fn

Darwin Information Typing Architecture (DITA) Version 1.3 Part 3: All-Inclusive Edition

version
1.3
author
OASIS DITA Technical Committee

The fn element is a footnote used to annotate text with notes that are inappropriate for inline inclusion. It is also used to indicate the source for facts or other material used in the text.

Footnote content is skipped at the place where it was entered and rendered elsewhere, according to these rules:
  • A footnote with no specified id attribute is a single-use footnote. Upon output, it generates a number as a superscript "callout" that is linked to the placement of the footnote, such as at the bottom of the immediate printed page or at the end of an online article. If a character is specified in the callout attribute for the footnote, that character is used as the superscript "callout" that is linked to the placement of the footnote.
  • A footnote that specifies an id attribute is a use-by-reference footnote. Upon output, it does not appear anywhere unless it has been referenced using an xref with the type attribute set to "fn".
  • Ordinarily, a footnote in one topic can't be referenced in another topic. The previous behaviors are local to each topic. But by using the conref mechanism, you can create a new copy of another topic's footnote within the local topic where it will then follow these behaviors:
    • If you use <fn conref="file.dita#topic/thatid"></fn> all by itself, the result will be the same as the single-use footnote entered literally in the same location. That is, it creates a local copy of the footnote with no local id attribute, so it uses the behavior from the first bullet above.
    • If you use <fn conref="file.dita#topic/thatid" id="thisid"></fn>, followed by <xref href="#thistopic/thisid" type="fn"/>, the result will be the same as the use-by-reference model described in the second bullet. That is, the fn element creates a local copy of the footnote with an id of "thisid"; that local copy is then referenced by the xref element.

The details of footnote processing and styling are implementation and/or stylesheet dependent. For example, a tool that renders DITA as PDF might lack support for the callout attribute, or footnotes might be collected as endnotes for certain types of publications.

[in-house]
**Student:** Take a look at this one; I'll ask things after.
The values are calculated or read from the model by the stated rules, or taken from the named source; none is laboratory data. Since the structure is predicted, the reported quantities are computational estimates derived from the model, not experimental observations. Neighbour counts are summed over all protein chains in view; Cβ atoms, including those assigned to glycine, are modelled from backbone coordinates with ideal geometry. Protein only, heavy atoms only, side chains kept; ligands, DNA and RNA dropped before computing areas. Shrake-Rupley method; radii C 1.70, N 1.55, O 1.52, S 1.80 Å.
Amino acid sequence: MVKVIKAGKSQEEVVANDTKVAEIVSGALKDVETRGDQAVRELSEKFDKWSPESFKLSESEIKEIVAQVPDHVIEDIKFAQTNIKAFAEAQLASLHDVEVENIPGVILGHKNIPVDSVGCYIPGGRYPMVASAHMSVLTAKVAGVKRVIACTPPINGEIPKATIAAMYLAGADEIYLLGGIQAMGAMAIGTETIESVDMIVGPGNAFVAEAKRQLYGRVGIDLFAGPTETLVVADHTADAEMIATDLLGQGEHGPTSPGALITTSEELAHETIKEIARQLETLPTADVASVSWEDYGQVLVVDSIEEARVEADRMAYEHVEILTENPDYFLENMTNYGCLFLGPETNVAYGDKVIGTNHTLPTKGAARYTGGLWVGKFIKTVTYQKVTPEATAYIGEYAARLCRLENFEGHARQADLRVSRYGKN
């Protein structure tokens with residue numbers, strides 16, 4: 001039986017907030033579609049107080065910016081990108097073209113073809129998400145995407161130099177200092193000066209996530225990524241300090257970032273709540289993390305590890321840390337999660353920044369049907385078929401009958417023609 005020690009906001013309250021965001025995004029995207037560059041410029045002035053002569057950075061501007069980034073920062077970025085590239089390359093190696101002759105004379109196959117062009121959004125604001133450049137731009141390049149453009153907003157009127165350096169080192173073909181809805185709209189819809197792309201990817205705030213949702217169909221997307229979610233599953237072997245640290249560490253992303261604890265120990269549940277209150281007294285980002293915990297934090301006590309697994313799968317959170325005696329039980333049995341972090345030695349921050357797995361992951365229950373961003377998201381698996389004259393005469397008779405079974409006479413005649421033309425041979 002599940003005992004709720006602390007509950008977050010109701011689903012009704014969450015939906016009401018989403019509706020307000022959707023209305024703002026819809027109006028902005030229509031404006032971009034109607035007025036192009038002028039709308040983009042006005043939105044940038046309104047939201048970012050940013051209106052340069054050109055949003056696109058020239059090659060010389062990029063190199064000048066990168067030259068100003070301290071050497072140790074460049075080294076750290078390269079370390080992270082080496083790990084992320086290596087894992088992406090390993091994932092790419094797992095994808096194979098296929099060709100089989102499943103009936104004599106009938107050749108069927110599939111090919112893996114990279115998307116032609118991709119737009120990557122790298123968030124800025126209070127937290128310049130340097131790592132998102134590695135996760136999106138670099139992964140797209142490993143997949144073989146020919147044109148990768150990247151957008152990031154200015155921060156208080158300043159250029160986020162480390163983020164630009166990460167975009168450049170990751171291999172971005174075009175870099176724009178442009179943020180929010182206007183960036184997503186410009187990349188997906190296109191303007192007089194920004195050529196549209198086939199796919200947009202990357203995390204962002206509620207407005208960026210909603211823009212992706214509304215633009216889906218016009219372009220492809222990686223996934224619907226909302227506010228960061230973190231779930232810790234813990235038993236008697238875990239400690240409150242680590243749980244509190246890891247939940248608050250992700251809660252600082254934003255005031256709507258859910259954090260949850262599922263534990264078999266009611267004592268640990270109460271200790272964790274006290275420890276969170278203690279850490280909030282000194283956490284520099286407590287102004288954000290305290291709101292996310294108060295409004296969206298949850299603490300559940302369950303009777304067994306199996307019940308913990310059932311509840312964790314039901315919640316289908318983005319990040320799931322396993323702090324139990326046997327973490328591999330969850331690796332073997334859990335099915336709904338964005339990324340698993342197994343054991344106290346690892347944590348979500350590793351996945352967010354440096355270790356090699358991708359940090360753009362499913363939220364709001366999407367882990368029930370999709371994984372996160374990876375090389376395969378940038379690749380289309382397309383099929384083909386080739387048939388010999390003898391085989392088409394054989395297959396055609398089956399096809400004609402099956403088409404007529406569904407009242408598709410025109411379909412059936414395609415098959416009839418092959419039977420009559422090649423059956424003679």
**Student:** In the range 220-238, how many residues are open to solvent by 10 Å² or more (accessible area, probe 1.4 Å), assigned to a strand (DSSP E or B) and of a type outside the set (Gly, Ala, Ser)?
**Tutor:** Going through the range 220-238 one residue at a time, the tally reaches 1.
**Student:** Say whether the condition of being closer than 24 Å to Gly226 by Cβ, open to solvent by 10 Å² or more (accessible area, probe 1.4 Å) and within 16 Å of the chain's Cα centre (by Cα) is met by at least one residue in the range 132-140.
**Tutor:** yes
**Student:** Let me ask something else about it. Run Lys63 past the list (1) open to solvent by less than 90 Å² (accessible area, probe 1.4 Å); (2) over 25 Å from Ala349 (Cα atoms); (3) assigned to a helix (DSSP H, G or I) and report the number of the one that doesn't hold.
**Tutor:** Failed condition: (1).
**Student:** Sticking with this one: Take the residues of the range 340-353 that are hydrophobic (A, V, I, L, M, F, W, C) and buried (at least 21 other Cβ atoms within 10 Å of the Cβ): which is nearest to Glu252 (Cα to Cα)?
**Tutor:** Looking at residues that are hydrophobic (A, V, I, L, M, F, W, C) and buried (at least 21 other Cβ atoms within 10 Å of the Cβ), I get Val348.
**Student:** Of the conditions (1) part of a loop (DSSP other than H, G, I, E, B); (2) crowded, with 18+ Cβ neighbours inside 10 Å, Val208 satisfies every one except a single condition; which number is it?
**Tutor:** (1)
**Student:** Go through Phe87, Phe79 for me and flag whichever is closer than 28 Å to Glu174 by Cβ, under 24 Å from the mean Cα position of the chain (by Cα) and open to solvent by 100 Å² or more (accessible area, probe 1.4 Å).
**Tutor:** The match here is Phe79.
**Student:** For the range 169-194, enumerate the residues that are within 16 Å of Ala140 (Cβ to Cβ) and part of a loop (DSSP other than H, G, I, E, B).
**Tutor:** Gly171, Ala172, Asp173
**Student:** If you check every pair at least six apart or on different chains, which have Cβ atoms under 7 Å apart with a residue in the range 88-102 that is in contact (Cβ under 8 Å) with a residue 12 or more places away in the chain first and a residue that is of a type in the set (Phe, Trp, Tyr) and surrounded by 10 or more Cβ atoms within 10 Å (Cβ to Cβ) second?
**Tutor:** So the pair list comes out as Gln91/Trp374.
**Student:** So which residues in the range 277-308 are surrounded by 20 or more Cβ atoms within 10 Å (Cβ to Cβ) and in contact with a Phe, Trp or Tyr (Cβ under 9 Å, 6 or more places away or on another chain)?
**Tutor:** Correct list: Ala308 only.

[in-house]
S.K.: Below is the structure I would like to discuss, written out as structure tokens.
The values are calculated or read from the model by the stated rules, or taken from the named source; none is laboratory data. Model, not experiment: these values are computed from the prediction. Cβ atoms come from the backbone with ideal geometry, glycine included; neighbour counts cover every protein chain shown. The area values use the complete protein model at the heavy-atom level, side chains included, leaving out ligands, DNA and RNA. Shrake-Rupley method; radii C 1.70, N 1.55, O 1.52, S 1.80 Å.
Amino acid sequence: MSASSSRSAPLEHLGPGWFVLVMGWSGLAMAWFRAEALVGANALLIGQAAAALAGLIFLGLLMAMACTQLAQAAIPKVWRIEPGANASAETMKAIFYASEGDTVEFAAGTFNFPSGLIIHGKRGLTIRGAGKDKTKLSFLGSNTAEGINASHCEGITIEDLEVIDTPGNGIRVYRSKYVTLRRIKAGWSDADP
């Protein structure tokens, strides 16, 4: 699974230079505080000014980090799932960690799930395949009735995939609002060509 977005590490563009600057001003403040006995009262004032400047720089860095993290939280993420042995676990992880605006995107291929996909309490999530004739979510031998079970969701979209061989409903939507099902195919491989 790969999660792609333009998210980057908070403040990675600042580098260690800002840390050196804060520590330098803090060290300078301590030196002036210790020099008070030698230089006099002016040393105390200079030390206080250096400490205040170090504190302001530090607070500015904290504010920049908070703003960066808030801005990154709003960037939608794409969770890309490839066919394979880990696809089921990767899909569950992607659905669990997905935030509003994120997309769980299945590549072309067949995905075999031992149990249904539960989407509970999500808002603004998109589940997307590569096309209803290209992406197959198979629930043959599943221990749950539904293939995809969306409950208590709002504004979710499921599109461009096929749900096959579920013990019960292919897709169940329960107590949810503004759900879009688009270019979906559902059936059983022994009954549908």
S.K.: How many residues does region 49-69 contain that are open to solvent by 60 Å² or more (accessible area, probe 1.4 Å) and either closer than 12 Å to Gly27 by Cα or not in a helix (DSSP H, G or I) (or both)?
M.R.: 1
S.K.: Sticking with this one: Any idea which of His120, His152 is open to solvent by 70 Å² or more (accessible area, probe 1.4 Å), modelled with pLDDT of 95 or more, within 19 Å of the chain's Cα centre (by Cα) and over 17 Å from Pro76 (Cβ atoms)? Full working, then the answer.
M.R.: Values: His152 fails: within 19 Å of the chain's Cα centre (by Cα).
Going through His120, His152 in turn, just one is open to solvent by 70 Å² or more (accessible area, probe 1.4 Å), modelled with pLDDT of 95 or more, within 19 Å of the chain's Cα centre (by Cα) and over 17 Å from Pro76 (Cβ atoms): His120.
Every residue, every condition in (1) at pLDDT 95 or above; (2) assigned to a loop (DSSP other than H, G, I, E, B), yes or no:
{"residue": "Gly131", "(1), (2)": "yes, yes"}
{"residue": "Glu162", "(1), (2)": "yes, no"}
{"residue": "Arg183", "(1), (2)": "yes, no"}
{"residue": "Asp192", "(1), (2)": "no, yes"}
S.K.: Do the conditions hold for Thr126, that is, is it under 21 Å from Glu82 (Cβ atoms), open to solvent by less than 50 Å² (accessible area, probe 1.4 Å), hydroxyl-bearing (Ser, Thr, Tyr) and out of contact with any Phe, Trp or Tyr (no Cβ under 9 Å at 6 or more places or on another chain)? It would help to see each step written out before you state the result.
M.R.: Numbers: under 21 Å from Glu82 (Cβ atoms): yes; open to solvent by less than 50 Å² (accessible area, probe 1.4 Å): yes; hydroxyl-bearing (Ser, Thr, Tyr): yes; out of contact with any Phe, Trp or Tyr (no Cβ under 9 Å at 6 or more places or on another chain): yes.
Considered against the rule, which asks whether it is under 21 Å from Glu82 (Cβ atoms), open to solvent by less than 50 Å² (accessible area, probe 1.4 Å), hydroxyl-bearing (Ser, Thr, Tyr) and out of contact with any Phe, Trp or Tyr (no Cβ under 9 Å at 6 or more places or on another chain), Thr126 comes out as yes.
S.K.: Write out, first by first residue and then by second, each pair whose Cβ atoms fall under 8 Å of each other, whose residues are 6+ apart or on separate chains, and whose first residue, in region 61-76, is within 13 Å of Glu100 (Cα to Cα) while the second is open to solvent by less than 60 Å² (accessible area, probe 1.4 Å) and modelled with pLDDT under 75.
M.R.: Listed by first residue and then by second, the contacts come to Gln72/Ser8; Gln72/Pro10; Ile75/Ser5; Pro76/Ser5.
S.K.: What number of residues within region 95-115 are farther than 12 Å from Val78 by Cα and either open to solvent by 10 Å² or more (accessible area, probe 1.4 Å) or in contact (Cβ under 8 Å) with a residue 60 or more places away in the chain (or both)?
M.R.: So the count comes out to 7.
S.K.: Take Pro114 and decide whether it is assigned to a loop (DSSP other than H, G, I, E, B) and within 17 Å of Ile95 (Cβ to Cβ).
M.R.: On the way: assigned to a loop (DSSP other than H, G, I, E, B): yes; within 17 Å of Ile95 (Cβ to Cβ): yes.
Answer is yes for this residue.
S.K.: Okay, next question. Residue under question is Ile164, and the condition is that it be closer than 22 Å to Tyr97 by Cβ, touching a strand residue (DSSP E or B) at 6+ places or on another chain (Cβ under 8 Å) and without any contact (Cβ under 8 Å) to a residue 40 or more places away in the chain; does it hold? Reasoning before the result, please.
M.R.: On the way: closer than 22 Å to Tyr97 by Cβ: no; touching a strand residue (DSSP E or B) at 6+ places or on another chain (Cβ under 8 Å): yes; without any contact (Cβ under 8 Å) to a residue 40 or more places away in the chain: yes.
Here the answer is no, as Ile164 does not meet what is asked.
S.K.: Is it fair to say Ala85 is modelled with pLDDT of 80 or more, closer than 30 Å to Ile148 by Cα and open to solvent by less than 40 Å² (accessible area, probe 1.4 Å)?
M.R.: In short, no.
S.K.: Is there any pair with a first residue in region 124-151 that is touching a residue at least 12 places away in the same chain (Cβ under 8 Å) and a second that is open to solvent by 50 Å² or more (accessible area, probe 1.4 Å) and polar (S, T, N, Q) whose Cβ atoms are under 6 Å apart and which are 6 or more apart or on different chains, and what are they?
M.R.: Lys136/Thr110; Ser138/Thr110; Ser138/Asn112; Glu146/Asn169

Content models

See appendix for information about this element in OASIS document type shells.

Inheritance

- topic/fn

Example

The first example is of a single-use footnote. It uses a simple fn element, with no id and no callout attribute. In that case, markup such as the following:
The memory storage capacity of the computer is 
2 GB<fn>A GB (gigabyte) is equal to 
1000 million bytes</fn> with error correcting support.
might produce output similar to the following:

The memory storage capacity of the computer is 2 GB1 with error correcting support.

......

1 A GB (gigabyte) is equal to 1000 million bytes

----- [bottom of page] -----------------------------------------------------------------

The second example is a single-use footnote that uses a callout attribute. It is marked up as follows:
The memory storage capacity of the computer is 
2 GB<fn callout="#">A GB (gigabyte) is equal to 
1000 million bytes</fn> with error correcting support.
That DITA markup might produce output similar to the following:

The memory storage capacity of the computer is 2 GB# with error correcting support.

......

# A GB (gigabyte) is equal to 1000 million bytes

----- [bottom of page] -----------------------------------------------------------------

The third example is a use-by-reference footnote. It uses an id on a footnote, and then references that id multiple times. The DITA markup looks like this:
I like pets. <fn id="reuse-fn">This is the name of an animal.</fn>
At my house, I have a dog<xref href="#topic/reuse-fn" type="fn"/>, a
cat<xref href="#topic/reuse-fn" type="fn"/>, and a 
llama<xref href="#topic/reuse-fn" type="fn"/>.
and might produce output similar to the following:

I like pets. At my house, I have a dog1, a cat1, and a llama1.

......

1This is the name of an animal.

----- [bottom of page] -----------------------------------------------------------------

Attributes

The following attributes are available on this element: Universal attribute group, outputclass, and the attribute defined below.

callout
Specifies what character is used for the footnote link, for example a number or an alpha character. The attribute can also specify a short string of characters. When no callout value is specified, footnotes are typically numbered.
datatype
Available for describing the type of data contained in the value attribute for this metadata element. The default value is the empty string "".